Cover-photo-2015-05-30_03_42_33__0000-697120150530-3-rigftt
Denis Rojcyk

Denis Rojcyk

Europe Designer @kiwi.com Joined about 4 years ago via an invitation from Oskar Z.

  • 5 stories
  • 191 comments
  • 38 upvotes
  • Posted to Designers, how do you feel about the use of emojis as parts of the UI?, May 14, 2018

    As with everything in design, it really comes down to your target audience, your app/web and vibe you are going for.

    • I have seen websites which overdid it and ended up looking chaotic.
    • I have seen websites which were heavily typo oriented and it brightened the feeling of the website and made them look friendly.
    • I have seen websites which used them sporadically and even then it completely missed the tone of the rest of the UI.
    • I have seen apps which used them to enhance the experience (for example rating of customer support?) and it worked well.
    • I also use one emoji on my website, and I think it looks pretty decent?

    So ... yeah, it depends.

    9 points
  • Posted to Why is this the best time to move to Brasov, Romania - A digital HR campaign, in reply to Jim Renaud , May 10, 2018

    Yeah, not good :d

    0 points
  • Posted to Intercom — The Business Messenger Reinvented, in reply to Justin Young , Apr 25, 2018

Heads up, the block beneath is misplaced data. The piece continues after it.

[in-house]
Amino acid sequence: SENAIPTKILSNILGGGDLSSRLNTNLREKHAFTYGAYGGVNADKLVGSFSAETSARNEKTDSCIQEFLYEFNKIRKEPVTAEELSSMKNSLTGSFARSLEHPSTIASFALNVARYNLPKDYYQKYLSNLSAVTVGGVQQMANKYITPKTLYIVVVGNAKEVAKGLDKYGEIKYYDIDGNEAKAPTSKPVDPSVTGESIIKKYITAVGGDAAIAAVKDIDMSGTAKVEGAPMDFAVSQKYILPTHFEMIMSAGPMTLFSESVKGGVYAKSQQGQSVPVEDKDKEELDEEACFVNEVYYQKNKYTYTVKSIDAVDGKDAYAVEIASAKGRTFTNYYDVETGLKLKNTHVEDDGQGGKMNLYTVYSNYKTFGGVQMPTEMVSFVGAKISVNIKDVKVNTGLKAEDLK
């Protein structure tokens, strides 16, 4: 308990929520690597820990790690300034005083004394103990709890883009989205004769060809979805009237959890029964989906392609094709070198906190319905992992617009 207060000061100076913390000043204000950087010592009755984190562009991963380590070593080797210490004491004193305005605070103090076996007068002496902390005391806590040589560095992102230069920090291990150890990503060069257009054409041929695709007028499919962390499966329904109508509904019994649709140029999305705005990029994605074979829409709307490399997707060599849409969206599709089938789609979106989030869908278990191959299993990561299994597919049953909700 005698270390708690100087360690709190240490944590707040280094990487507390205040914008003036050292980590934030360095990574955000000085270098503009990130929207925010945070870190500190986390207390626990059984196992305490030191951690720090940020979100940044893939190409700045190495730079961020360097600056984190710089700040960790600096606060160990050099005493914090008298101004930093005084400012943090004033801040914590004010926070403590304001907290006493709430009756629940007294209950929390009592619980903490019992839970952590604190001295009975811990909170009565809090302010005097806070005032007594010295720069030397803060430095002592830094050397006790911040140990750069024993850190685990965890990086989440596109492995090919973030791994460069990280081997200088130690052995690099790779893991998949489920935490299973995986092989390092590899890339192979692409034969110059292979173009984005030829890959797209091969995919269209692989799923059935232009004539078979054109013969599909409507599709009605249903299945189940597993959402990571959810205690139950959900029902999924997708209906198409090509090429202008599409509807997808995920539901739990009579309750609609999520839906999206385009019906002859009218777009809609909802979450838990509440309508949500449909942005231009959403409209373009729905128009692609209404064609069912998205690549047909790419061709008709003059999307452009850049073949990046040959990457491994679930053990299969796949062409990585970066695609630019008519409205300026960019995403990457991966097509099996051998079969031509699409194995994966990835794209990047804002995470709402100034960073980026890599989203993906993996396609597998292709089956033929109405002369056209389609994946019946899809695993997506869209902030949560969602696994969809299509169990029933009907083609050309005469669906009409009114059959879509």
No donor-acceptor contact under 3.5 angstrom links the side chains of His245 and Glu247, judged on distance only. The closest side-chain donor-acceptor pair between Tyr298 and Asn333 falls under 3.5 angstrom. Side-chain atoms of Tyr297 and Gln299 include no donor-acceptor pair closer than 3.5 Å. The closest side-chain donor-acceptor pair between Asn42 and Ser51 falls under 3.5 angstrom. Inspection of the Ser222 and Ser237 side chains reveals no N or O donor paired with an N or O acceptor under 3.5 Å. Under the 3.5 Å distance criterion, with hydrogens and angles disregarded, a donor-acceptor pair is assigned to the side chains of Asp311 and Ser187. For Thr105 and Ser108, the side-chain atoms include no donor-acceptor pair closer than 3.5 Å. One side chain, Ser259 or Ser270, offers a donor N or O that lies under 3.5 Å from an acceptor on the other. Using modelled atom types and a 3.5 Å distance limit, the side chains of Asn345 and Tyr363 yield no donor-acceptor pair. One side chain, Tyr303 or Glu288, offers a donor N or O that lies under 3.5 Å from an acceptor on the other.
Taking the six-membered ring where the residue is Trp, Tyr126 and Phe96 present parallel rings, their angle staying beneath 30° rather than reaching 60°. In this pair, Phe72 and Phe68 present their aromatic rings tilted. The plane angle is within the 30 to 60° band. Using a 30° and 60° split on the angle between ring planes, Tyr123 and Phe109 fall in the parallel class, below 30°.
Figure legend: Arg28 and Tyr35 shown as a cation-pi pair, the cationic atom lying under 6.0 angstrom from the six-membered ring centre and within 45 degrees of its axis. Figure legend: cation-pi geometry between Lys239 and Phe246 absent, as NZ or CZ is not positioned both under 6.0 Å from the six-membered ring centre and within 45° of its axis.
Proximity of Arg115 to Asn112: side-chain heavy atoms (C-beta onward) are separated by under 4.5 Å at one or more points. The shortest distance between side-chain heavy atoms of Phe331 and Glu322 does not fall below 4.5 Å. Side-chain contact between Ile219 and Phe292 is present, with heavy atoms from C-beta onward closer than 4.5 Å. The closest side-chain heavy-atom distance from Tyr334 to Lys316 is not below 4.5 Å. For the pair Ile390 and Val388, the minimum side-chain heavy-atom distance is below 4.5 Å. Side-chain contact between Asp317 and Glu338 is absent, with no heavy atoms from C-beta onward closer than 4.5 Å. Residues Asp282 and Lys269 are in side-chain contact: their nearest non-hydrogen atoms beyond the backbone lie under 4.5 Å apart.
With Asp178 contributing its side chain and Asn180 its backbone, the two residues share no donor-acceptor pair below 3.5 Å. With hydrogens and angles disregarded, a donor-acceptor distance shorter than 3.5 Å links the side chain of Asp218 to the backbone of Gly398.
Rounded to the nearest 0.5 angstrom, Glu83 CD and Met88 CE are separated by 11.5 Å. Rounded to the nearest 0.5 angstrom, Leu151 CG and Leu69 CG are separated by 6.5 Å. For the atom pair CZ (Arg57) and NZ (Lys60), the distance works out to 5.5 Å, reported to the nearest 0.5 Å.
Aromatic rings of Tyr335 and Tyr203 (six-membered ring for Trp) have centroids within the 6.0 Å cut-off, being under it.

I'm not sure what is happening with their design language, but it is a mess on almost all their pages.

    0 points
  • Posted to Who actually uses atomic design?, Apr 17, 2018

    I believe I do.

    I've designed two smaller sized design systems for SaaS apps, as well as helped to design huge design system for Kiwi.com front end as well as our mobile apps. So ...

    I agree that the semantics of using words like atoms, molecules, and organisms isn't very clear for people who haven't read Atomic Design book. But as the book itself states, you can call it however you want. You don't have to be so explicit about it. If components and elements work for your environment, then use it without worry.

    The logic behind the naming convention resides in whether the thing can be broken down into something smaller. So if you have a form field with a label, you can separate them into atoms. Into two separate entities.